Spotify, the leading audio streaming platform, unveiled earlier this month the top artists, albums, songs, playlists, and podcasts genres from the creators that helped soundtrack the year for more than 381 million users worldwide. This year’s “Wrapped” report was brought to life through Spotify’s in-app experience, out-of-home creatives, and collaborations with content creators like Khaled Mokhtar. Furthermore, there will be an activation of the viral dancing cactus at City Center Almaza on the last two weekends of the year.
Taking a closer look at 2021’s top streamed lists across the Middle East and North Africa (MENA), Daily News Egypt spoke to Spotify’s Managing Director for the region, Claudius Boller, and Artist Label and Partnerships Lead for MENA, Wissam Khodur.
Both Boller and Khodur discussed the latest trends in the music scene, and what “Wrapped 2021” said about Arab music listeners.
Can you elaborate about the status of music streaming in the MENA region (Arab countries)? What are the most-streamed songs here?
Boller: We launched in the MENA region three years ago and we have been blown away by how fans and creators have been engaging with our platform. It has been inspiring to see the rise of a new generation of artists over the past few years. Seeing how their music is increasingly crossing borders on Spotify is a reflection of our deep commitment to Arab creators, where we constantly look for ways to strengthen their connection with a global audience. We’ve also recently expanded into Libya and Iraq,to further support local artists and foster the local music scene. We believe that this region is the future of streaming.
Khodur: MENA is so diverse, with nuances varying from one region to another. A huge growth has been observed in hip-hop streaming in North Africa and Egypt. We are also seeing local rappers in Palestine top the lists as well. The Sheilat genre is making a comeback in the Gulf region and has broken into the mainstream and in Jordan the love for Indie continues to grow.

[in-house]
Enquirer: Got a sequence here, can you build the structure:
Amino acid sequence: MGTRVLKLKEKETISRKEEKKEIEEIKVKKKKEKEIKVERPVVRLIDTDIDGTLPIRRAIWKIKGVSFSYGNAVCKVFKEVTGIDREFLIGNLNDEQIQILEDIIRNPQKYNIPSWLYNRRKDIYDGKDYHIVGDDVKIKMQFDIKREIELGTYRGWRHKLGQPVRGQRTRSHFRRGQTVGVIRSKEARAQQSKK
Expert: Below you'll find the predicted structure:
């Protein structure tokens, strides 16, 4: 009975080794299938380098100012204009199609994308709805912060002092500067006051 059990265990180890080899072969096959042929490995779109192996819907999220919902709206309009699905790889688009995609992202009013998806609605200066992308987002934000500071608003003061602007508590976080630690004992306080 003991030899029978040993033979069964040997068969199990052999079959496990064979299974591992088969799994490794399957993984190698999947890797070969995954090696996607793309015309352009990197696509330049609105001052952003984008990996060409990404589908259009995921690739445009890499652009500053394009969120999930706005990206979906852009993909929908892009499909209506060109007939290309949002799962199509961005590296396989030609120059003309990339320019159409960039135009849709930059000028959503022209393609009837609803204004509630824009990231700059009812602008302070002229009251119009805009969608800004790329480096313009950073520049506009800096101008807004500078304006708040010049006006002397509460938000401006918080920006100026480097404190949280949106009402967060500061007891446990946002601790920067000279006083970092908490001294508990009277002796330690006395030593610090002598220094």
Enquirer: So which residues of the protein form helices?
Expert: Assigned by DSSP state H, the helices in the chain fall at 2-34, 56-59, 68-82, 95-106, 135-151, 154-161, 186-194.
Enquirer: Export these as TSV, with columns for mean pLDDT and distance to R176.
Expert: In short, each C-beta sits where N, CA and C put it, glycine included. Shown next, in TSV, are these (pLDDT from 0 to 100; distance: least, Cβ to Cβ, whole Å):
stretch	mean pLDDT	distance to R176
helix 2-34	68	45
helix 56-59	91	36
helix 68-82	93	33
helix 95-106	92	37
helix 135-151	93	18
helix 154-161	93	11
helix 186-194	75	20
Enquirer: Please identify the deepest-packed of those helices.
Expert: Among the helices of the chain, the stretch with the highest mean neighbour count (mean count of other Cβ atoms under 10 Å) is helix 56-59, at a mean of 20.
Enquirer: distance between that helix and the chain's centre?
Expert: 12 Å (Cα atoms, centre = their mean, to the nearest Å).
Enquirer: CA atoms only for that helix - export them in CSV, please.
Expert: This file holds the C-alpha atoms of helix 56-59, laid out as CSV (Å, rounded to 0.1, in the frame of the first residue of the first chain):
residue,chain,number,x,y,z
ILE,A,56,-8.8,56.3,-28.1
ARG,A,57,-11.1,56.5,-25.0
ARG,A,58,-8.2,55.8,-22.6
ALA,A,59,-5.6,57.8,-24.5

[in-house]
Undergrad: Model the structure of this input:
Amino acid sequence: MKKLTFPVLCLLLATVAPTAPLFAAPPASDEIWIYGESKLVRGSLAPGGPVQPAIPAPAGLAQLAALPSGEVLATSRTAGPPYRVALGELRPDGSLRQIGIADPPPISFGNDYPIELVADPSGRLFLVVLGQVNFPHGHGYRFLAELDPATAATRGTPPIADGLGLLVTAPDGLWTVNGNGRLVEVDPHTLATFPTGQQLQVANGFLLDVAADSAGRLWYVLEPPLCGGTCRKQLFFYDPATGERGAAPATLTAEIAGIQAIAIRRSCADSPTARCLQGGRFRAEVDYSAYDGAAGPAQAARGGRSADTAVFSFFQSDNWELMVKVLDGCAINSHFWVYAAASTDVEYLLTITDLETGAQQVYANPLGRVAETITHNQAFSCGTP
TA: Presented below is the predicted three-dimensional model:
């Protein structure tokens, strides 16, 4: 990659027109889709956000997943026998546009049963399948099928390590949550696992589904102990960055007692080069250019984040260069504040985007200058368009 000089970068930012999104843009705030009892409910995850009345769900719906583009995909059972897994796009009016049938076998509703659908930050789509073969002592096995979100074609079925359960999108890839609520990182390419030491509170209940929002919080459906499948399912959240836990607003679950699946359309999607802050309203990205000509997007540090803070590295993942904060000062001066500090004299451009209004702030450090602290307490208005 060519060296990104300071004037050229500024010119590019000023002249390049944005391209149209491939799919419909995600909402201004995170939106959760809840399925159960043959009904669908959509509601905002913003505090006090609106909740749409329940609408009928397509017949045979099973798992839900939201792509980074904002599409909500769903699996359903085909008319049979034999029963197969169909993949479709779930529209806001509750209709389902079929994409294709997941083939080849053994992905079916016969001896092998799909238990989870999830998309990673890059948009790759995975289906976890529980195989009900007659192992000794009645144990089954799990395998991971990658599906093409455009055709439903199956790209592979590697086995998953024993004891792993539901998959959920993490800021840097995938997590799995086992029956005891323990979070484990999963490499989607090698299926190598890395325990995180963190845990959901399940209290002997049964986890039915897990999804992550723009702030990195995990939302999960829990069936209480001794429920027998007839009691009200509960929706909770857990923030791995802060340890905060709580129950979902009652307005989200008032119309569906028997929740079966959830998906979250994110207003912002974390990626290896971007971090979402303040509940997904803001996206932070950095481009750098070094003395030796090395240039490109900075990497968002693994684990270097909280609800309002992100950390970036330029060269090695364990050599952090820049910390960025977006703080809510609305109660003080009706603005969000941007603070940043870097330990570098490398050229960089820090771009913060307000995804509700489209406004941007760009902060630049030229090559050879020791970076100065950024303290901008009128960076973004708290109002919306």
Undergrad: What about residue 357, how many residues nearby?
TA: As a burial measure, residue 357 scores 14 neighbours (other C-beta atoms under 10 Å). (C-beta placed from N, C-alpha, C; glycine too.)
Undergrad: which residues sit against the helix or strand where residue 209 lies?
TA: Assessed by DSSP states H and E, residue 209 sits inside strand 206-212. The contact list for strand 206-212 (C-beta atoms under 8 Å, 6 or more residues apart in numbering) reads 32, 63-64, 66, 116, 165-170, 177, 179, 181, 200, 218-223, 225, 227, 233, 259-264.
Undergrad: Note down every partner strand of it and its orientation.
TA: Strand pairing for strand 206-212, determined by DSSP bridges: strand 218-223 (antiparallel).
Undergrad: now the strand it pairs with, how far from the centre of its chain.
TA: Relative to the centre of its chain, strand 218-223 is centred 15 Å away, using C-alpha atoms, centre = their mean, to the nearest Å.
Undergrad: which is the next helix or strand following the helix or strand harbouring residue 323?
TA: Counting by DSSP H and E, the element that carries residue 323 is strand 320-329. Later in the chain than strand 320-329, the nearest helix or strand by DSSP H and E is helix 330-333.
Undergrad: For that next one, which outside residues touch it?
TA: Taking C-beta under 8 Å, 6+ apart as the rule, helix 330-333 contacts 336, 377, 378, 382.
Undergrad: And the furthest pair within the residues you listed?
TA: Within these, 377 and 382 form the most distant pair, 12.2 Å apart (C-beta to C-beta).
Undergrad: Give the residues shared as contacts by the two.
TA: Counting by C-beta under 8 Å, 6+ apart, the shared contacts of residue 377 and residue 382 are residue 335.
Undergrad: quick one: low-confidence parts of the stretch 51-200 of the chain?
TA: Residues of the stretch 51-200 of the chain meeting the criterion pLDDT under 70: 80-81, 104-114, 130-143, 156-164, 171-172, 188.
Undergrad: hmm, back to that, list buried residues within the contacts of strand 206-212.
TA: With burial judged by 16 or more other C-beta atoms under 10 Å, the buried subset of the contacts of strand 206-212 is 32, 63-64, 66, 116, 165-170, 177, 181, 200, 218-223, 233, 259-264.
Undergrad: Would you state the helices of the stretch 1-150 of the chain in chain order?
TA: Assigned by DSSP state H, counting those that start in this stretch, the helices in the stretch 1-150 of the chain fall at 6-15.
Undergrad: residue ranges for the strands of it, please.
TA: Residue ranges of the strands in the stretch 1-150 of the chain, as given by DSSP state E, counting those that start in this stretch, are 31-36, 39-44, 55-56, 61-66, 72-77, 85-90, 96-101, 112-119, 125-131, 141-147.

This year Egypt’s most-streamed song was “Ghaba” by Marwan Pablo, followed by the viral hit “Astronaut In The Ocean” by Masked Wolf. “Asyad El Soot” by Wegz, “CTRL” by Marwan Pablo and “Msh Bel 7ozzoz” by Afroto have also topped the lists. Four out of five of the most-streamed songs are hip-hop hits from the local scene, and this tells us a lot about the trajectory of the genre. We’re seeing similar trends in Morocco, the region’s biggest market for rap. Rapper ElGrandeToto’s “Mghayer” is the most-streamed song in Morocco and of course, CKay’s “love nwantiti” (feat. ElGrandeToto) landed at number two along with “Nadi Canadi” by Tagne, “7ali Ya 7ali” by Inkonnu, and ElGrandeToto made another appearance on the list with “Haram (Pablo II)”.
In the United Arab Emirates, the scenario is very different, as this market is more westernized, with a large expat community. So it was not surprising to see Lil Nas X, Masked Wolf, The Kid LAROI, Dua Lipa and Olivia Rodrigo dominating the Wrapped songs list. The United Arab Emirates’ neighboring Gulf country, Saudi Arabia, has once again shown its openness to international music including K-Pop, while also spending the year listening to local tunes such as “Leh Al-Jefa” byAbdullah Al Farwan and Abdullah Al Mukhles’ “Ashkar Jamalek”.
Across the Arab world, according to Wrapped 2021 data, the most-streamed artist is ElGrandeToto, followed by fellow Egyptian rapper Wegz. Amr Diab is among the top 5 most-streamed artists further underlining his timeless legacy.
In the MENA Wrapped lists, the majority of artists hail from Egypt and Morocco, so it will be interesting to see how these two countries continue to grow as trendsetting markets for the region in the coming years.
Who is your target audience? Which segment is more engaging with Spotify?
Boller: Our intent is to reach everyone and our platform is open to all. That being said, we know the region has a tech-savvy young population, one that is highly engaged with Spotify, and always on the lookout to discover new content. Our listeners in Egypt are actively creating their own playlists, sharing song recommendations with their friends via our collaborative playlists. We’ve also just launched Lyrics, making it easier for them to jam out to their favorite songs.
Khodur: It is also important to note that we are seeing high engagement from listeners outside of MENA with artists from MENA. For example, a Saudi independent artist called Hajjaj was on the cover of Spotify’s global flagship playlist, “Fresh Finds Pop” and there has been high interest in Moseqar from Egypt who has been added to various global Lo-Fi playlists.
Has the COVID-19 pandemic affected the number of subscribers on the platform?